There are three very interesting bridges spanning the mighty Columbia River all a stone’s throw from downtown Trail British Columbia. One is over a hundred years old and not long for this world, it’s going soon, further upstream and under construction is a structure that will replace the former. A bit more upstream yet again is a huge highway bridge with graceful arches, half a century old or so and quite impressive in design. We’ll simply walk about town for a couple hours, taking them all in.
Trail was founded in the 1890s. If there’s one thing the place is known for is that giant smelter smack dab in the middle of the city, looming over it like some monster, you can’t miss it, and dating back to the early days. This huge metal processing plant will be a backdrop to our adventure this day. Roughly eight thousand people call Trail home and due to the challenging terrain, the place is remarkably compact in nature (when it comes to steep roads, San Francisco has nothing on this place). The US border is not terribly far away, just a few clicks to the south. East Trail is located on the opposite bank.
The first structure to span to cross the Columbia here in town dates from 1911. No one seems to know the builder, but Dominion Bridge, the country’s most prolific producer of the era, seems to be mentioned by some as a good candidate. Who knows? Before completion, if one wanted to get from East Trail to Trail proper or back they had to travel a long distance to bridge crossing well upstream. Or they could risk the ferry.
But damn that river is treacherous, deep, fast flowing and wide. The risks were many. More than once the ferry broke free of its cables and “got away”, sometimes with people on board. There were other incidents and accidents as well. Forget it! With that a push was on to build a proper crossing, the first bridge seen in our photos. Give its importance, it opened, understandably, with much pomp and ceremony.
It’s built to a through Pratt Truss form (a common design), and is pretty unremarkable in that respect, if not for its length and the engineering challenges the builders had putting it in place. The current here is murder. The piers holding fast against the flow are steel caissons filled of concrete and sunk deep into the river bed. The roadway is one lane wide, necessitating one way at a time traffic. There’s a walkway on one side and a pipeline support on the other. The structure is pretty much as built and retains a great deal of historic integrity.
The bridge was the only crossing until the Victoria Street Bridge was built in the ’60s. Afterwards, the “old bridge”, as it came to be called, was used as a secondary road bridge, then later exclusively for foot traffic before closing altogether recently on being deemed unsafe. No longer used of course its fate is sealed. It’s a date with the wrecking ball.
Some experts are calling bull hockey on that saying with a bit of work it’d be fine. They suggested keeping it as a pedestrian bridge, a standing monument, an homage to the town’s past. One insider we spoke with suggested politics (so patronage) and not that inferred beyond-repair state is the true reason it’s going. Regardless, it’s going. To many it’s just a ratty old bridge anyway, nothing but scrap metal, so who cares?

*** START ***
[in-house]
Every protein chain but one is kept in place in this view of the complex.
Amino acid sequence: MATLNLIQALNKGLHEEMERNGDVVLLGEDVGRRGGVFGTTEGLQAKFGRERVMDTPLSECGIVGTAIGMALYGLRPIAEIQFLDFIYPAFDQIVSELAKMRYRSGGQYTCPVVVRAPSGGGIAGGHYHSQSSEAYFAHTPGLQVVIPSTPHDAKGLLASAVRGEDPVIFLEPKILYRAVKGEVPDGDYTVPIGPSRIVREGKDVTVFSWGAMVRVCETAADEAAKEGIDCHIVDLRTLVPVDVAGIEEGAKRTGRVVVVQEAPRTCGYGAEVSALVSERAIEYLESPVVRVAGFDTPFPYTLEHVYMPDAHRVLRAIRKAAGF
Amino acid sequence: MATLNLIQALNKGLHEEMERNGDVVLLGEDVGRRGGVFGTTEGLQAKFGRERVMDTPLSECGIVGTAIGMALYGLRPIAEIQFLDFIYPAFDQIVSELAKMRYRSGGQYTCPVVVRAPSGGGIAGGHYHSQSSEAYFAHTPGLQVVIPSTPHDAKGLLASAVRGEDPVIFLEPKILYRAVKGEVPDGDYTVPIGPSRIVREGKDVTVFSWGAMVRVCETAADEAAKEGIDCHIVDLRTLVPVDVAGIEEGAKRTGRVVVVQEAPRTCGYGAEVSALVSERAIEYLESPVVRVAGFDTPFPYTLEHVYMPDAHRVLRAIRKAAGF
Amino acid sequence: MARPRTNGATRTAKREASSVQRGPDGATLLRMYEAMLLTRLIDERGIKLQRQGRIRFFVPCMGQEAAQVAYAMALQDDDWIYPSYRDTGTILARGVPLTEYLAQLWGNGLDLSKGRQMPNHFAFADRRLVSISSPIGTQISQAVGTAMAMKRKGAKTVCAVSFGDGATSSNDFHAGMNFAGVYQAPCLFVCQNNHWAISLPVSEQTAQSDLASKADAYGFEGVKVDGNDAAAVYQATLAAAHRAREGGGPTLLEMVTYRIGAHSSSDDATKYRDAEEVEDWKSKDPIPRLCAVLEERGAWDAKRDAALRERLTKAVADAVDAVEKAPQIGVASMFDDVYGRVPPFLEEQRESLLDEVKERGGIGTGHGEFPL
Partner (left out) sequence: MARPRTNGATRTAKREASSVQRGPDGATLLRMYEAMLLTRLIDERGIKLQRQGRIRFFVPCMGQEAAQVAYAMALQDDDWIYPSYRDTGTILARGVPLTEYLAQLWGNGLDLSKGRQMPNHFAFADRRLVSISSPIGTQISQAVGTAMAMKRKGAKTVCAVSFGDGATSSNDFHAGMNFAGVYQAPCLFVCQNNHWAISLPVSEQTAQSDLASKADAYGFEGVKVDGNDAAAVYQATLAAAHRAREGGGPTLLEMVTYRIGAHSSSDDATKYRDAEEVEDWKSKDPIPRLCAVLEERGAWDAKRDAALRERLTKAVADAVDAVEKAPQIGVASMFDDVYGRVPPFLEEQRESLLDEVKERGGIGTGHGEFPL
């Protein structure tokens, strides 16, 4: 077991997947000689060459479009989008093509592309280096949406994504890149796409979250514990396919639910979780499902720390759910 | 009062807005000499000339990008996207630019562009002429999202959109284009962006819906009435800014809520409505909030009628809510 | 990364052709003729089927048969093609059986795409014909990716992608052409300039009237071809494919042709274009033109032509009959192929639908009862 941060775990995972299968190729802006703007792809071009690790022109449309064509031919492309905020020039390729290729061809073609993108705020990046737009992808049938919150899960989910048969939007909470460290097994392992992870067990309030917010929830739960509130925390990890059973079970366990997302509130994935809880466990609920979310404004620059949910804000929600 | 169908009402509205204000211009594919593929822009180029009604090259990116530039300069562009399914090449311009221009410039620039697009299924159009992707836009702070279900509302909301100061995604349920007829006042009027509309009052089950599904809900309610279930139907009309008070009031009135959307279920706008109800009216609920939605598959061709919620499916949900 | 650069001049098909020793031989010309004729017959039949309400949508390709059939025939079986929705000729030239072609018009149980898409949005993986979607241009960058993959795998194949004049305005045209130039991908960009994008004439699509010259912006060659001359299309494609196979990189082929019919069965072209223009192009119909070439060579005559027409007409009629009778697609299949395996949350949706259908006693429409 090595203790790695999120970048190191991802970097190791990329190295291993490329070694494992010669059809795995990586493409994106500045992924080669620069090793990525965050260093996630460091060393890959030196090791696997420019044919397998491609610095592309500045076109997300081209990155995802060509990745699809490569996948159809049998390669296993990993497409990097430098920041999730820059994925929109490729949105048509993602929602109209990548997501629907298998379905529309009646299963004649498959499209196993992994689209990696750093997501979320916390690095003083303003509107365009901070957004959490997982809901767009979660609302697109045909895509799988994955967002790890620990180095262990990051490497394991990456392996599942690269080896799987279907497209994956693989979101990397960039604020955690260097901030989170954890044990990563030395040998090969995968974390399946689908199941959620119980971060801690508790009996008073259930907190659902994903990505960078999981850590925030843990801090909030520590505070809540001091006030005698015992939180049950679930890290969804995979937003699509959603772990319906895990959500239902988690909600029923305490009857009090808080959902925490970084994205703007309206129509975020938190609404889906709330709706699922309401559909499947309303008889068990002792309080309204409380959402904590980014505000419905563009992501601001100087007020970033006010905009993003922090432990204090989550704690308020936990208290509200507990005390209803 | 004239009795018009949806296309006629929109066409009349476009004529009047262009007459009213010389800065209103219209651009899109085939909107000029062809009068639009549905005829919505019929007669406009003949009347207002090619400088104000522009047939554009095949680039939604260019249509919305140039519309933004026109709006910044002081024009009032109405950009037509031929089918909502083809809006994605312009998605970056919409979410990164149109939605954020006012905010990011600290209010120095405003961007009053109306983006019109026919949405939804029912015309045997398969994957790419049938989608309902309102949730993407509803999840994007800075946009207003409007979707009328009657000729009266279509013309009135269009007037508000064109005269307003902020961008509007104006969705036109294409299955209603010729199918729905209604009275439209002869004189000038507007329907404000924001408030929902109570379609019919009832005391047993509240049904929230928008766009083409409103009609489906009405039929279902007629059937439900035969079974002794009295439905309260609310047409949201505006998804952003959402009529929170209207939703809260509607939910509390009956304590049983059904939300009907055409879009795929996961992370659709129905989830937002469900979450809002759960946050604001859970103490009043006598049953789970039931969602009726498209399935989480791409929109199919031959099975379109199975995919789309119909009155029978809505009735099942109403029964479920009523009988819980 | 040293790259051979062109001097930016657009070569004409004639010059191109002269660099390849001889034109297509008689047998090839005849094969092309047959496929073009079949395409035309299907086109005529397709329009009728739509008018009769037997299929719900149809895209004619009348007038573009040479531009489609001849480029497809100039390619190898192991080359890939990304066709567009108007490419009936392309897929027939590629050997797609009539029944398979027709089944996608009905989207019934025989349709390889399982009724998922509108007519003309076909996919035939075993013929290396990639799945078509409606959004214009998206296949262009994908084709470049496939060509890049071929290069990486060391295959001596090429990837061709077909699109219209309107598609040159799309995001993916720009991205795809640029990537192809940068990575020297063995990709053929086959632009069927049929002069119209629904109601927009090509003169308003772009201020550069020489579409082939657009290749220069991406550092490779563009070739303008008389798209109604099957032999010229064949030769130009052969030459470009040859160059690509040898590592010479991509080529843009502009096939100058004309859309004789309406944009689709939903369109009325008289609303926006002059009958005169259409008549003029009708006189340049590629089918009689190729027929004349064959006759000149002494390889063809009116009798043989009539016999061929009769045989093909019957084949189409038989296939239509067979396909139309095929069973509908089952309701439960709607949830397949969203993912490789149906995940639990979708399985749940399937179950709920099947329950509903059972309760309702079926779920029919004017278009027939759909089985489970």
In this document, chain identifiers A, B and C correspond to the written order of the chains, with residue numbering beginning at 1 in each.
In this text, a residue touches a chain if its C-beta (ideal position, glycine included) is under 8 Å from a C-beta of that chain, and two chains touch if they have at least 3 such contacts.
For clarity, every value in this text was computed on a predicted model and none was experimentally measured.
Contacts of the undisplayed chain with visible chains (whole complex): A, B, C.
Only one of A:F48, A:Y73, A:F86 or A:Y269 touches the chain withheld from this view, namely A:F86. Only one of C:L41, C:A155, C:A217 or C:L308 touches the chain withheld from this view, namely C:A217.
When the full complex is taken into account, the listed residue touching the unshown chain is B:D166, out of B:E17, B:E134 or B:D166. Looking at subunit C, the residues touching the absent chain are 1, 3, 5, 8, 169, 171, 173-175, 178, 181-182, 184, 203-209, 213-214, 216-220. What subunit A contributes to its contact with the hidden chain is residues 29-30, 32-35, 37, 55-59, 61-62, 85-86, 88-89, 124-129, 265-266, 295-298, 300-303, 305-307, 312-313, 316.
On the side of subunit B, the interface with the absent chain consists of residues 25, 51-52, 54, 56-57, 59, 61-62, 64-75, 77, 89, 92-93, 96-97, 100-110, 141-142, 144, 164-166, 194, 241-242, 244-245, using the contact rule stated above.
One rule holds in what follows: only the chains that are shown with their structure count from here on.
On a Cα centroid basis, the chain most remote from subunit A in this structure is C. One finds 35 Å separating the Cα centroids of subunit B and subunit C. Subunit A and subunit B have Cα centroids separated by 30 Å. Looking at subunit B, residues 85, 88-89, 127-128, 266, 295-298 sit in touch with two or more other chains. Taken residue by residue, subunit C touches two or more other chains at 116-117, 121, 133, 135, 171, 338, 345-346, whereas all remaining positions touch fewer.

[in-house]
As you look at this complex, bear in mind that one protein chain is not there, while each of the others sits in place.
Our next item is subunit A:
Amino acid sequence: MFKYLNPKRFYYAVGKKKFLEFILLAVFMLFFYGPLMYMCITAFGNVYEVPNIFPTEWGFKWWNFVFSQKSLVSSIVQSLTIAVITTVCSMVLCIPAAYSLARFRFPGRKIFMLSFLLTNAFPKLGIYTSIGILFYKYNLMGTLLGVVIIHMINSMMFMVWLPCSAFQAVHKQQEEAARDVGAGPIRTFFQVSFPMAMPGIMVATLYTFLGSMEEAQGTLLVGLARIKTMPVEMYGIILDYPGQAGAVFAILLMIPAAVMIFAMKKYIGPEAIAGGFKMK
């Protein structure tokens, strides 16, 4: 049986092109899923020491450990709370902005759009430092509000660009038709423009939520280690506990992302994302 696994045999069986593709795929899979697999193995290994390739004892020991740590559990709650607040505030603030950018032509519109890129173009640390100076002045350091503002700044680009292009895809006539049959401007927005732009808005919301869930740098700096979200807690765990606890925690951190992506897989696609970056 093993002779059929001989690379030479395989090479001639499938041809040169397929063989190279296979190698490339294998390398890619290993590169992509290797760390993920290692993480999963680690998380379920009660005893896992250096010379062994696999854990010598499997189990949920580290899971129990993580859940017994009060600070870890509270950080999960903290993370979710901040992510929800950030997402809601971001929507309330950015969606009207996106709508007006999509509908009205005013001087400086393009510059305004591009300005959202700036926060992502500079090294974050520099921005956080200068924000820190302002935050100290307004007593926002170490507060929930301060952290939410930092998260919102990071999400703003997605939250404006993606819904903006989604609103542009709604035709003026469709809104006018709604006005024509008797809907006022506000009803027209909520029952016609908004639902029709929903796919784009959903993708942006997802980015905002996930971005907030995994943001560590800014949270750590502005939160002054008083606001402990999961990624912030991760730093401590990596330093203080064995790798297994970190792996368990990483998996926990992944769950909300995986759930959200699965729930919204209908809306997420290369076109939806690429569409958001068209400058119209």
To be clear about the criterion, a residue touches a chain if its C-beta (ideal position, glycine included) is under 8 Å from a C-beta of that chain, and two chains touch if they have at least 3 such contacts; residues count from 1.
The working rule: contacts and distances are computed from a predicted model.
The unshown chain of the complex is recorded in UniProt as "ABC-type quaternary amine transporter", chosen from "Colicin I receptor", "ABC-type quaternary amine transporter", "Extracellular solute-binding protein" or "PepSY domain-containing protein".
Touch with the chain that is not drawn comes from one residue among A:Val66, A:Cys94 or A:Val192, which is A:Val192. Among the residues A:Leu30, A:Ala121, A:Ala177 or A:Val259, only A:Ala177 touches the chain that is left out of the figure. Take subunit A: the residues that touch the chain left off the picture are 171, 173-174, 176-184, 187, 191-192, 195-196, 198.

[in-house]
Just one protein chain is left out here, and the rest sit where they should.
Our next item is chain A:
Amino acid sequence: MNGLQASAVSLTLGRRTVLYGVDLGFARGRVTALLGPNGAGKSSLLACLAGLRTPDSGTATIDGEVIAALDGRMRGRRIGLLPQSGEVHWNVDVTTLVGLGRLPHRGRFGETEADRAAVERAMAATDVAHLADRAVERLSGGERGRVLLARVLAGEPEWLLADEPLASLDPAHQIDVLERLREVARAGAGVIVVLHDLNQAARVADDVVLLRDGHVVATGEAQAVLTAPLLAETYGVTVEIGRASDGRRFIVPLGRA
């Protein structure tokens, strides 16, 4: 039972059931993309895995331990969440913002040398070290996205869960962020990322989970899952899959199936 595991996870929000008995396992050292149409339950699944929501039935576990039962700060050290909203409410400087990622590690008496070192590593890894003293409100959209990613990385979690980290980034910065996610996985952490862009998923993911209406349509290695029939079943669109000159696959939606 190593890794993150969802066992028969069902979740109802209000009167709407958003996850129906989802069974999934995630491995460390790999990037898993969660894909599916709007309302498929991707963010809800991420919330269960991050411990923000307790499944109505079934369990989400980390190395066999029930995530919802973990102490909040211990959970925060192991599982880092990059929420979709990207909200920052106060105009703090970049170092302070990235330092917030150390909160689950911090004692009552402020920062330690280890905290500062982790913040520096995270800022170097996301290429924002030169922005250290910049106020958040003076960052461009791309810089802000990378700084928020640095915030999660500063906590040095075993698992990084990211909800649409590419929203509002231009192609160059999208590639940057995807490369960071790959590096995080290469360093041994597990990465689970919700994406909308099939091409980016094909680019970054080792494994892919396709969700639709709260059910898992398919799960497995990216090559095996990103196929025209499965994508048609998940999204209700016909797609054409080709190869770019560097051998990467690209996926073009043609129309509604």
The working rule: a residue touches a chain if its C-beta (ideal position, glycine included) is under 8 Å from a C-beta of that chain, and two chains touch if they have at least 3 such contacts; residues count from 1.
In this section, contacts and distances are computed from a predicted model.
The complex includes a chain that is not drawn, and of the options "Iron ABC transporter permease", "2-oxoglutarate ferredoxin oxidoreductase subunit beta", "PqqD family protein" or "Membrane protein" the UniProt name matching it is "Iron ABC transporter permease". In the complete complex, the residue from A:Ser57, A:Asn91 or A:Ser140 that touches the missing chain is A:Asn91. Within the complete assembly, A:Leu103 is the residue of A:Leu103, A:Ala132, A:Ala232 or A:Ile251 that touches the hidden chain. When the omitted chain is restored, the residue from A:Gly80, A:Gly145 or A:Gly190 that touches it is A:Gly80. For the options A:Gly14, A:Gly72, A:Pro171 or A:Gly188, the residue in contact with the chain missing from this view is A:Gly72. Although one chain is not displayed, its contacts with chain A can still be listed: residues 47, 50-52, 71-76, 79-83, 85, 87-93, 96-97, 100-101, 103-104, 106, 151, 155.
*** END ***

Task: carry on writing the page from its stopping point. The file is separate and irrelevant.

The only thing that’s kept it around since being closed to all traffic is that pipeline mentioned earlier. It’s still in use and needs the bridge for support. This line will later be routed to the new pedestrian bridge being but just upstream, and with that the old bridge can come down. Whether it will or not right away, is anyone’s guess. I bet its demolition will be costly.
Further up river and carrying a road four lanes wide is the Victoria Street Bridge. It’s also a highway through route. This massive structure is supported by a series of graceful “tied” arches. This one, it’s confirmed, was built by Dominion Bridge and was completed in 1961. This was a busy time for highway infrastructure construction in the province, under the direction of flamboyant Minister of Highways head honcho “Flyin” Phil Gaglardi.
The bridge enters Trail right beside the massive Teck Smelter, the biggest in the world we’re told. They process metals like lead, zinc and silver here. This plant puts the heavy in heavy industry and drives the local economy.
Between the two bridges mentioned so far and under construction on our visit is the third and last we’ll document today (okay a lie, we later recorded a small railway bridge for the heck of it). Called the Columbia River Skywalk it’s a cable stayed suspension bridge and will be for pedestrian use plus will also carry that rerouted pipeline spoken of earlier. In effect, it’ll function as the new “old” bridge. We watch workers, on a suspended cable trolley, connecting beams that make up the structure. A storm rolled in about this time, so they quickly retreated to land while took refuge under a big tree. It poured and poured for over an hour. Calling Noah, you’re needed in Trail!
This new bridge is due to open late in 2016.
The Columbia River, by volume, is one of the largest watercourses in North America. After meandering across eastern BC for a time, it enters the US just south of Trail before emptying into the Pacific at the Washington/Oregon border. It’s not a river you want to fall into.
More spans of interest…
Bridge Hunting – Waneta British Columbia (not far away).
Empress Subdivision Bridge (remains of huge train bridge).
Bridge Hunting – Rosebud River Valley.
Bridge Hunting – Bullpound Alberta.
If you wish more information on what you’ve seen here, by all means contact us!
Date: July, 2016.
Location: Trail, BC.
Article references and thanks: Trail.ca, HistoricBridges.org, BC Ministry of Highways.
All the bridges can be viewed from public roads or green spaces.